Holidays in Mozambique
This past holiday season, a number of my fellow volunteers and I made a trip to Mozambique. This was my first significant trip outside of South Africa. We traveled north to a village on the beach, which also is a common destination for tourists (ranging from the increasingly popular volunteer-tourists to the guests of luxurious island houses with a private airstrip). From our beach-front hostel, we looked out to a scattering of moored boats, which often made early morning fishing excursions or day long trips out to the archipelago of islands. One of our days was spent taking a dhow (a type of sailboat) out to one of the closer islands, where we went snorkeling and had a lunch of calamari stew, crab and lots of fresh fruit.
The trip provided a fascinating glimpse at how much South Africa’s history of colonialism and apartheid have shaped its culture, values and society today. Once outside of South Africa, one becomes keenly aware of the racial tension that exists in and weighs on much of the country. In South Africa, much emphasis and attention are placed on skin color and a racial or tribal identity group, but while in Mozambique, such divisions and groupings are less apparent and less important. Riding around in the “chapa” taxis (much like the South African version, although often with many more people squeezed in), I felt less people observing me and less people questioning my presence and role in the country and society.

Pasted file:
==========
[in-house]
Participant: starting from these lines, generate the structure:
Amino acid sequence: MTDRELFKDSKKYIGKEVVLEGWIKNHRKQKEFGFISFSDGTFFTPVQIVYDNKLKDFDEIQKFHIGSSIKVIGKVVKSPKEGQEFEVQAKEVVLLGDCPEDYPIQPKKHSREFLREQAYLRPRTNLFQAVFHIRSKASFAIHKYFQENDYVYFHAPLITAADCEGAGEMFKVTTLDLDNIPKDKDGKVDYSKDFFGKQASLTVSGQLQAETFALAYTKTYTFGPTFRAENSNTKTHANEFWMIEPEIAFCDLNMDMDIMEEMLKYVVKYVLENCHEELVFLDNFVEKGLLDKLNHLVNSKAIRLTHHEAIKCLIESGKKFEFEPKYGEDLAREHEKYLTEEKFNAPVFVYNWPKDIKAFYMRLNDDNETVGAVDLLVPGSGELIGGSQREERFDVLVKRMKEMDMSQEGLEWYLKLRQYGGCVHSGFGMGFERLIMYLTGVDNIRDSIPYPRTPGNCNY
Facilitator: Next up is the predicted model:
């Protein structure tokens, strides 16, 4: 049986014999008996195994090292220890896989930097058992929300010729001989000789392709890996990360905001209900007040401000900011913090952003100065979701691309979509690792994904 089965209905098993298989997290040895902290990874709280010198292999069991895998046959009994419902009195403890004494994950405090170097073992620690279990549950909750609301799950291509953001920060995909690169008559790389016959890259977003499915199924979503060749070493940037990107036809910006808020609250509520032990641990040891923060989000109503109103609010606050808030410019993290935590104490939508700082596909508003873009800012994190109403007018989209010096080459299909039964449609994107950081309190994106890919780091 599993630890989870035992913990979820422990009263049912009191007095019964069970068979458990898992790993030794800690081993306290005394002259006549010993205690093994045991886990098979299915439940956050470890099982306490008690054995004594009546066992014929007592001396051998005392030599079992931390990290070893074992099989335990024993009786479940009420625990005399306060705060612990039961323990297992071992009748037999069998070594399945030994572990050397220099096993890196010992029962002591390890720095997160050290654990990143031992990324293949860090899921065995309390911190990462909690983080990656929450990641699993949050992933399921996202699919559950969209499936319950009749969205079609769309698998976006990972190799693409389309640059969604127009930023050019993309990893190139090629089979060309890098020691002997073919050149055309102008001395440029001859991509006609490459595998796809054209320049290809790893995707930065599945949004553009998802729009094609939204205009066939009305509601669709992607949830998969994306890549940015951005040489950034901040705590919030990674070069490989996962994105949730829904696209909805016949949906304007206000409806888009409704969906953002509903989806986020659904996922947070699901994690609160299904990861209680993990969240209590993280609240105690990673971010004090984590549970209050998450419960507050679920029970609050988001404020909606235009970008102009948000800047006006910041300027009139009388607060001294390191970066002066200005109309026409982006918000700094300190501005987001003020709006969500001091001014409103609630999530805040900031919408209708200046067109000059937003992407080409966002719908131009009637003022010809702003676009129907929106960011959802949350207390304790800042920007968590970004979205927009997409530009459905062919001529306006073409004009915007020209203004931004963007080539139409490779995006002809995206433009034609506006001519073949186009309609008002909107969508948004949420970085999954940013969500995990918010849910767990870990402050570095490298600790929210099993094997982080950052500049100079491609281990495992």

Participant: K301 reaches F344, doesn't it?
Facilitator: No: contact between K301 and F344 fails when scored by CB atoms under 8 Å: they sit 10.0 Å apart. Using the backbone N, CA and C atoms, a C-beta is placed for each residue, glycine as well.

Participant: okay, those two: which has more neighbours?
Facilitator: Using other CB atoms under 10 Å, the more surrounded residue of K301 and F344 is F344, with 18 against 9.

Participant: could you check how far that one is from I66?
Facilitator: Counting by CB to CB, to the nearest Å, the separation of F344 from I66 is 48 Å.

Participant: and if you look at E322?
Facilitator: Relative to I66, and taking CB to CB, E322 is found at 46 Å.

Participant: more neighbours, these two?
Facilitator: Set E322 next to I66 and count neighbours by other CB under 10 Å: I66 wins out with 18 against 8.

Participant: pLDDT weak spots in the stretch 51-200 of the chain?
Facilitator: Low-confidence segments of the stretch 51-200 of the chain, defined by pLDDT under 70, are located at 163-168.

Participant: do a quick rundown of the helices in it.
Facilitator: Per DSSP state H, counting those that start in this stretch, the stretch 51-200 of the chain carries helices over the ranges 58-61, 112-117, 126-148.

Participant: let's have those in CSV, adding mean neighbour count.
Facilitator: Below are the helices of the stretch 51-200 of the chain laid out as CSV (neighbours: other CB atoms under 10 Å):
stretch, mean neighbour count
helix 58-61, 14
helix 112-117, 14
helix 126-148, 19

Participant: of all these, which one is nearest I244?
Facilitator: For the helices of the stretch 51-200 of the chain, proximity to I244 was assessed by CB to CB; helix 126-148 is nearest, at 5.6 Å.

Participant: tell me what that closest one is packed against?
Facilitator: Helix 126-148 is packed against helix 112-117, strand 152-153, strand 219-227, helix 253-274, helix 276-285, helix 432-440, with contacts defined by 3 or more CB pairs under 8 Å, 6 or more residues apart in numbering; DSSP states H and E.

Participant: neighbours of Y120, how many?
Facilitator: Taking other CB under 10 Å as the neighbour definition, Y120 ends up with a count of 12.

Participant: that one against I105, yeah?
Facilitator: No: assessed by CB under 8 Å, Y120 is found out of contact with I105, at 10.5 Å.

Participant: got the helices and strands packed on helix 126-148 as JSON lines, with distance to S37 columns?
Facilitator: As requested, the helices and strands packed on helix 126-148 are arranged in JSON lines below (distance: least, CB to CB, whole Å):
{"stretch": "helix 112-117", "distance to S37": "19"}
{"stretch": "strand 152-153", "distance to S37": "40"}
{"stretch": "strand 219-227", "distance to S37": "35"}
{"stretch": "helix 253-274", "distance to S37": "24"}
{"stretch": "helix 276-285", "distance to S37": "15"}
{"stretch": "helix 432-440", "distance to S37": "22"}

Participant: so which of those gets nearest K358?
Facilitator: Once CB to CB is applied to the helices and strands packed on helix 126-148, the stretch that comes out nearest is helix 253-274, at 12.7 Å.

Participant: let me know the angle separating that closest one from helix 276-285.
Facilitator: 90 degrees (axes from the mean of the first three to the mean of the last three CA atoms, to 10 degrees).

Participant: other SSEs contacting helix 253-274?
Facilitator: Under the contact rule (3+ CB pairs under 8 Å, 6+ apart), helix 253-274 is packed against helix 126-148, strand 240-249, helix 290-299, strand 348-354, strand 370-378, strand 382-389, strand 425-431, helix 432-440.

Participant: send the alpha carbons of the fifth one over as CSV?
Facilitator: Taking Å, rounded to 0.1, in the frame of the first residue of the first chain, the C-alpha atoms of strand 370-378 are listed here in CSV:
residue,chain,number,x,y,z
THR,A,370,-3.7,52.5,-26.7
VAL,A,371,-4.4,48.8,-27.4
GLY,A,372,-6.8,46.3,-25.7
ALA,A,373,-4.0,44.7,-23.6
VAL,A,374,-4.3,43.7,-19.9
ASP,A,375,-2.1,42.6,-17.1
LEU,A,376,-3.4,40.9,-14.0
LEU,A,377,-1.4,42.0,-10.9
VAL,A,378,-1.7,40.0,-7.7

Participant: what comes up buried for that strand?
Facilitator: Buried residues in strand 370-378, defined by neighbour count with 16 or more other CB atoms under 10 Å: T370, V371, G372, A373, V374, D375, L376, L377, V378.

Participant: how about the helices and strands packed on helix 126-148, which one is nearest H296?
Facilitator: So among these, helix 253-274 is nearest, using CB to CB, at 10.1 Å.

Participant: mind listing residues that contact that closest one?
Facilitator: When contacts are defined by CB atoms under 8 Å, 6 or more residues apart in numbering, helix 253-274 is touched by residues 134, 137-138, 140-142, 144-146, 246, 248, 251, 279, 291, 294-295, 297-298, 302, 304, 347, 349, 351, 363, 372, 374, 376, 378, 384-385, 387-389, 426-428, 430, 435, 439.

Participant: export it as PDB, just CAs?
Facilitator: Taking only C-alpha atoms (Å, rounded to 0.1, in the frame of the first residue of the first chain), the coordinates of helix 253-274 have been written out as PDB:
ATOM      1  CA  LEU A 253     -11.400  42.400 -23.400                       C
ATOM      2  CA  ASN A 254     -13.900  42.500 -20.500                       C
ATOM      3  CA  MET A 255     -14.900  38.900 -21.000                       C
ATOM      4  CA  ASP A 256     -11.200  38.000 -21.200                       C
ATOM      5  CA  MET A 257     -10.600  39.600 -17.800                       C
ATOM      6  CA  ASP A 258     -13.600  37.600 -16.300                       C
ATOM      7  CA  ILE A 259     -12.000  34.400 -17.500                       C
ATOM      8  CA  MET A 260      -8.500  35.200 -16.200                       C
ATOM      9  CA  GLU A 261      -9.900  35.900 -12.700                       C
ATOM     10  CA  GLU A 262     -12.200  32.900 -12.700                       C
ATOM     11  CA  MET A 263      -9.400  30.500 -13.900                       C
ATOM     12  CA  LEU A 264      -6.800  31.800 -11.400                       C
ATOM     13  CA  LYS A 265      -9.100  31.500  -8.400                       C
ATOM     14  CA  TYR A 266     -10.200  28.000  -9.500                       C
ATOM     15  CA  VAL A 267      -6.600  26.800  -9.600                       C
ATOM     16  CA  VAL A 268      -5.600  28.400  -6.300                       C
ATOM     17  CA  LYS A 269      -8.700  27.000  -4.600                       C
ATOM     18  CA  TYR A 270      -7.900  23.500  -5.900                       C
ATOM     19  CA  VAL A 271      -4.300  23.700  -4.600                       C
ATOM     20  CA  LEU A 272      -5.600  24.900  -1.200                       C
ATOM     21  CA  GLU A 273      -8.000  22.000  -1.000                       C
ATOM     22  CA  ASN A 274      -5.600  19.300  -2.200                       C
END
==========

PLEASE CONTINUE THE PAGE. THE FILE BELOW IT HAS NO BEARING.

In addition, people demonstrated a remarkable level of hospitality and generosity. One evening, I went walking to a corner “shabeen” (bar), where a number of young men were sitting outside eating, drinking and talking. I was immediately offered a chair, as well as the calamari the men were already eating. As we sat, they kept encouraging me to eat more and one man ended up buying me several sodas (he was disappointed that I turned down the offer of beer).
Other highlights of the trip included:
- Going sailing with a group of local fishers, who took us up the coastline and even let me steer the boat for a while. It was fantastically beautiful and peaceful on the water.
- Traveling in buses filled with everything from chickens to televisions across roads like Swiss cheese (so many potholes). At one point, the road was washed out because of heavy rain, so we all had to get out, ford the little river and find a new bus on the opposite side.
- An amazing meal at a little café south of where we were staying, which included homemade butternut squash ravioli topped with a sun-dried tomato parmesan pesto. Delicious!
All in all, it was an enjoyable trip and a great opportunity to see a different side of Africa, where commercialism has a less established grasp on the society. I have posted a handful of photos from the trip in my gallery.
Happy new year and I look forward to seeing friends and family on my upcoming visit home!